Sunday, May 18, 2008


The following was written almost 15 years ago....

A pale old fellow with a billion wrinkles, a walking stick, thick black rimmed glasses that don’t seem to do anything, a dress sense that only makes sense to the wearer himself and of course the frail body that doesn’t seem to belong in this world anymore. That may seem like a perfect example of a grand father but my grand pa is different.

He is a jolly fellow who is always looking for an adventure and has trouble staying at one stop. He is always ready to put up a good debate and likes to talk to anyone who doesn’t agree with him. He somehow manages to find amusement in some of life’s hardest obstacles and manages to keep a grin on his face even after everyone else has given up. Even when his blood pressure reached 240 he somehow decided that a trip exploring the inner suburbs of Sydney would do him good!

He says that he is like a free bird now. In many ways I agree with him. He was a bird that had been locked away in the iron cage of all work and no play since the tender age of 12.

Vijaya Raghavan, a journalist, accountant, financial controller, champion chess player and much more, is now a retired citizen of Australia.

Vijaya Raghavan was a mother’s pet. His father was an astrologer and was a very orthodox fellow. V.R was born elder to six girls and 1 more boy. A total of seven siblings!

Being the eldest and being the eldest boy in the family meant that he was required to assist in the family income. For this reason alone, he started to look for a job and obtained one of book keeping. All the money (which wasn’t much as he was still a student), made through this job went into the helping of the family.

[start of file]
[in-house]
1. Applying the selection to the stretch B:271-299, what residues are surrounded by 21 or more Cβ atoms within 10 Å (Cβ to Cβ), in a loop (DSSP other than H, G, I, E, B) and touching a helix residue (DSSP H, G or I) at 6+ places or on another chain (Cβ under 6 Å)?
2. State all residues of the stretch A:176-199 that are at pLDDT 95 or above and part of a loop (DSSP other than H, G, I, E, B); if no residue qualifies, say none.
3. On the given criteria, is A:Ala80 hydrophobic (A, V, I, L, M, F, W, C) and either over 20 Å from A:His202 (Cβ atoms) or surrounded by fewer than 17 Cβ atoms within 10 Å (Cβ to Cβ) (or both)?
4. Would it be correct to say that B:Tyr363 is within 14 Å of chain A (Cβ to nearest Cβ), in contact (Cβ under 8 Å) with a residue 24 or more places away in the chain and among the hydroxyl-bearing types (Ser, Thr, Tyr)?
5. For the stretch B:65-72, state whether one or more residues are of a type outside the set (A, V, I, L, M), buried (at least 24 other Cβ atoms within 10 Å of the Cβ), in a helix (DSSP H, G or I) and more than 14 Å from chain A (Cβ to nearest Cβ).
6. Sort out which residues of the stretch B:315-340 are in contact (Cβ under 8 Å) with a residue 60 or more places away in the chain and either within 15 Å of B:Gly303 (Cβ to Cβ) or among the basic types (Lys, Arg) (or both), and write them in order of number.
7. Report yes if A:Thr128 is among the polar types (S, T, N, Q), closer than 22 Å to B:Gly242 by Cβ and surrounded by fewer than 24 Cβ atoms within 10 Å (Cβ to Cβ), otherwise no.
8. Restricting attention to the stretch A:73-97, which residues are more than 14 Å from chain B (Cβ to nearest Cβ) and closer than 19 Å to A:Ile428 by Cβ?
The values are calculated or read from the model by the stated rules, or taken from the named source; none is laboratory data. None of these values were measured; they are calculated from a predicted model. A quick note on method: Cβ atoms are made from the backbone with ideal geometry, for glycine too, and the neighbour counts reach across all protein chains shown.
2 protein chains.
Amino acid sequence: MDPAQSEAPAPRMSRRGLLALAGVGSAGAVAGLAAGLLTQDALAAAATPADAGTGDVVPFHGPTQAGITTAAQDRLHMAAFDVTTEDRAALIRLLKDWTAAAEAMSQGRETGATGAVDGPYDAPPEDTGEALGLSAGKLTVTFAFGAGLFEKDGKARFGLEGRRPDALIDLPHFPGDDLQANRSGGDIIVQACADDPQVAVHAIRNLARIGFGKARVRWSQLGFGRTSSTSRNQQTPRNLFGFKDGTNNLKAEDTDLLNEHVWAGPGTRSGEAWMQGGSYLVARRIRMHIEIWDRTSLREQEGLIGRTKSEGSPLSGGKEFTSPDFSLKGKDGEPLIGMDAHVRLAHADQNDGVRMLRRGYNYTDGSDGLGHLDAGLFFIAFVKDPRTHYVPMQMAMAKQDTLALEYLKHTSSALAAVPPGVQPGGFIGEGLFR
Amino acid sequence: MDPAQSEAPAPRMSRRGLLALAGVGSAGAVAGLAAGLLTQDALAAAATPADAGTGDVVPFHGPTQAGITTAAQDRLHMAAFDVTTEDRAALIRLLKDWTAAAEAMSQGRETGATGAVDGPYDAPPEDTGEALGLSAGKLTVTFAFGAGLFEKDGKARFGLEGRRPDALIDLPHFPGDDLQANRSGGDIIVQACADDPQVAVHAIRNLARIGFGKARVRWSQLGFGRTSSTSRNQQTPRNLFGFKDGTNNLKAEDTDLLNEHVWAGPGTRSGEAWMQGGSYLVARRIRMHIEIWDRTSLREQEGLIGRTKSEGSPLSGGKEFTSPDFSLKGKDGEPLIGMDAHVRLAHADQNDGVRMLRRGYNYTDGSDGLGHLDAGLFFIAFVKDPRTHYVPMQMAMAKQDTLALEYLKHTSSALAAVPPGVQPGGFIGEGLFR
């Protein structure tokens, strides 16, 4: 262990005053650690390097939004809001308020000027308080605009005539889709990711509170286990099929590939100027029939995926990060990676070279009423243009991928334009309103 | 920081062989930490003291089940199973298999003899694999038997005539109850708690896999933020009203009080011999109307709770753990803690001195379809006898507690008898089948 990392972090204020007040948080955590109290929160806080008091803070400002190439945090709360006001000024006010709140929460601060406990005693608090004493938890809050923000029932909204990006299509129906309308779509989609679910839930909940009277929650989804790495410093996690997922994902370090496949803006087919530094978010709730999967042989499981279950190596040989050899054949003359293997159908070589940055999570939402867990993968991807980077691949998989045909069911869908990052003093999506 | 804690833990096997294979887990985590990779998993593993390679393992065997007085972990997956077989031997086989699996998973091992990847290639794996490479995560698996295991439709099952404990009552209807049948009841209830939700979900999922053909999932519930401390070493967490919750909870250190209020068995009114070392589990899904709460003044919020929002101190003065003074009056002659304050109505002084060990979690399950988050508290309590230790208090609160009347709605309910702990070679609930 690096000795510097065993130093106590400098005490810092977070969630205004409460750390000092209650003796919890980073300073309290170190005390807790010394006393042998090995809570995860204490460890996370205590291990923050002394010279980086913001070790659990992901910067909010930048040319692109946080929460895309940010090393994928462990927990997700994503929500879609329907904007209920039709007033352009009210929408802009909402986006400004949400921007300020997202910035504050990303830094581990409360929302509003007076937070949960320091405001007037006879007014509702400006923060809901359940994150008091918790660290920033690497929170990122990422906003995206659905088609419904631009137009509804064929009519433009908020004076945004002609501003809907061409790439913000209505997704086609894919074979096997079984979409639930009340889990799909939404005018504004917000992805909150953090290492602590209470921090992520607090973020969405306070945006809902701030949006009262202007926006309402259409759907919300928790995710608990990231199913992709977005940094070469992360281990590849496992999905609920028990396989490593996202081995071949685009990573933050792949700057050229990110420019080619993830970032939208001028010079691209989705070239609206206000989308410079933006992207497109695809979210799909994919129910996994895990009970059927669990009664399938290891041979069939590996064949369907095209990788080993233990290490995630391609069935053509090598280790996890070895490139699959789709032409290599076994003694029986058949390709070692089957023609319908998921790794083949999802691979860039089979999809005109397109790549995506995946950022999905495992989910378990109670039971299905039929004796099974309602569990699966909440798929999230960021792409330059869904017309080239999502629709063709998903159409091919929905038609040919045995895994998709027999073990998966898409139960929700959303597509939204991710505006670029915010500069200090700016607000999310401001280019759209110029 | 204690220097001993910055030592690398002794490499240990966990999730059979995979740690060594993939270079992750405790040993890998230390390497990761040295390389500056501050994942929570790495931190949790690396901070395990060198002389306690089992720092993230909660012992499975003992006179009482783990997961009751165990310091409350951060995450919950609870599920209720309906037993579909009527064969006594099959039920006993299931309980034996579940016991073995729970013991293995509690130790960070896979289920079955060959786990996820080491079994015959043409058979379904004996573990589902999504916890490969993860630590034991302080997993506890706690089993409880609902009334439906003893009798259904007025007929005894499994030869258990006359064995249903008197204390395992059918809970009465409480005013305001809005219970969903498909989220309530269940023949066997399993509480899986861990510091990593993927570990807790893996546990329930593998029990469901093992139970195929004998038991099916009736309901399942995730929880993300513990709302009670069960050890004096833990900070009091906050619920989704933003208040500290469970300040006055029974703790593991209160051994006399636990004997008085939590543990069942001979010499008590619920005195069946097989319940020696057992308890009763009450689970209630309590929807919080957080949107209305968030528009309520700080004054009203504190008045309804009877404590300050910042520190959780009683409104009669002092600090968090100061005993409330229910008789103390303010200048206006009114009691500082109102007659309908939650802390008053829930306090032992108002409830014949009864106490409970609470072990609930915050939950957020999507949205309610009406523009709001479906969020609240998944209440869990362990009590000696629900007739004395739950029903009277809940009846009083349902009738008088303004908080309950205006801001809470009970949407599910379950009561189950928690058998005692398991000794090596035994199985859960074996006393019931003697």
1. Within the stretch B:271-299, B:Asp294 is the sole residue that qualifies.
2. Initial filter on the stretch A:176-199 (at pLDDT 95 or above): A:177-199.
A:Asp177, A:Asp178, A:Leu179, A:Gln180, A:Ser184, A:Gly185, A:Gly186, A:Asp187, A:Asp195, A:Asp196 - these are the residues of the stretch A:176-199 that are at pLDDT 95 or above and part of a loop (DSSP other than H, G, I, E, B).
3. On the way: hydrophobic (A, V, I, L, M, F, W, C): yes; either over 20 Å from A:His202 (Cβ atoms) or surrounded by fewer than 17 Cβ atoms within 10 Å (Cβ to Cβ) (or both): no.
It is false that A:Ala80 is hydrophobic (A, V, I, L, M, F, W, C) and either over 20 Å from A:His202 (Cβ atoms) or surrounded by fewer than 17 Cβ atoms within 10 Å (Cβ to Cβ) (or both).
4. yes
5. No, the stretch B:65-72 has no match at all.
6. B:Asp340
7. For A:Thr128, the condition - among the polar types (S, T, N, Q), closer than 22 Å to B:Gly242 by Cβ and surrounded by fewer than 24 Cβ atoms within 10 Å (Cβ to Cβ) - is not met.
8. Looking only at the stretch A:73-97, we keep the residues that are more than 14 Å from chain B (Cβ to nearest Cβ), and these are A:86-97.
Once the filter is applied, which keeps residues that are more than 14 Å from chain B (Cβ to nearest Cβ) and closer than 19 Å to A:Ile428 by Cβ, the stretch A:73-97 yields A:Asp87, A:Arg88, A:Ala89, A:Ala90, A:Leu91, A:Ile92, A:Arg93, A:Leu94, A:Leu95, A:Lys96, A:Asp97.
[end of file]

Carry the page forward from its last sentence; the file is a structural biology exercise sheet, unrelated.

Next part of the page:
Paying for just one girls’ marriage in India is seen as a great economic struggle. Paying for six girls’ was almost unbelievable. Raghavan was required to help in paying for all his sister’s weddings and dowry’s. Because V.R’s father was hardly ever at home, the helping of his mum in day-to-day work and also in making important decisions on the family lay on his shoulders.

Finishing school, which was one place V.R hated (as his father was a miser and would not pay for the necessary stationary or books), was seen as a great accomplishment.

V.R’s life as a journalist, which India was in great need of at that time, started soon after his completion of school.

Marriage. This is seen a huge step for most if not all, of us. However, marriage in V.R’s life was even a greater step, as he now had to look after two families instead of one. It was also at this point that he moved out of home with his newly married bride to a whole new state.

In this new state known as Bangalore, my grand pa fought for a rather small book stall which was dually his as his former employer gave it to him. This hard-earned bookstall still stands today under my grandmother’s name.

With the money he made from the stall and other early morning, afternoon and other spare time work, he managed to bring both his sons (one of which is my dad) in a very successful manner.

My dad now looks after my grand pa as a way of repaying what he had given up in his life to bring my dad up.

Had it not been for my grandpa’s handwork, dedication to his work and family, and above all his high ambitions and willingness to stretch his limits to the max, I wouldn’t be standing where I am today.

A man of high spirits and extraordinary talents can now be seen sitting at the corner of his bedroom playing a gameboy an trying to beat his grandson’s score.


We all miss you very much...

Madras Srinivasa Raghavachari Vijaya Raghavan

27th September, 1932 - 17th May, 2008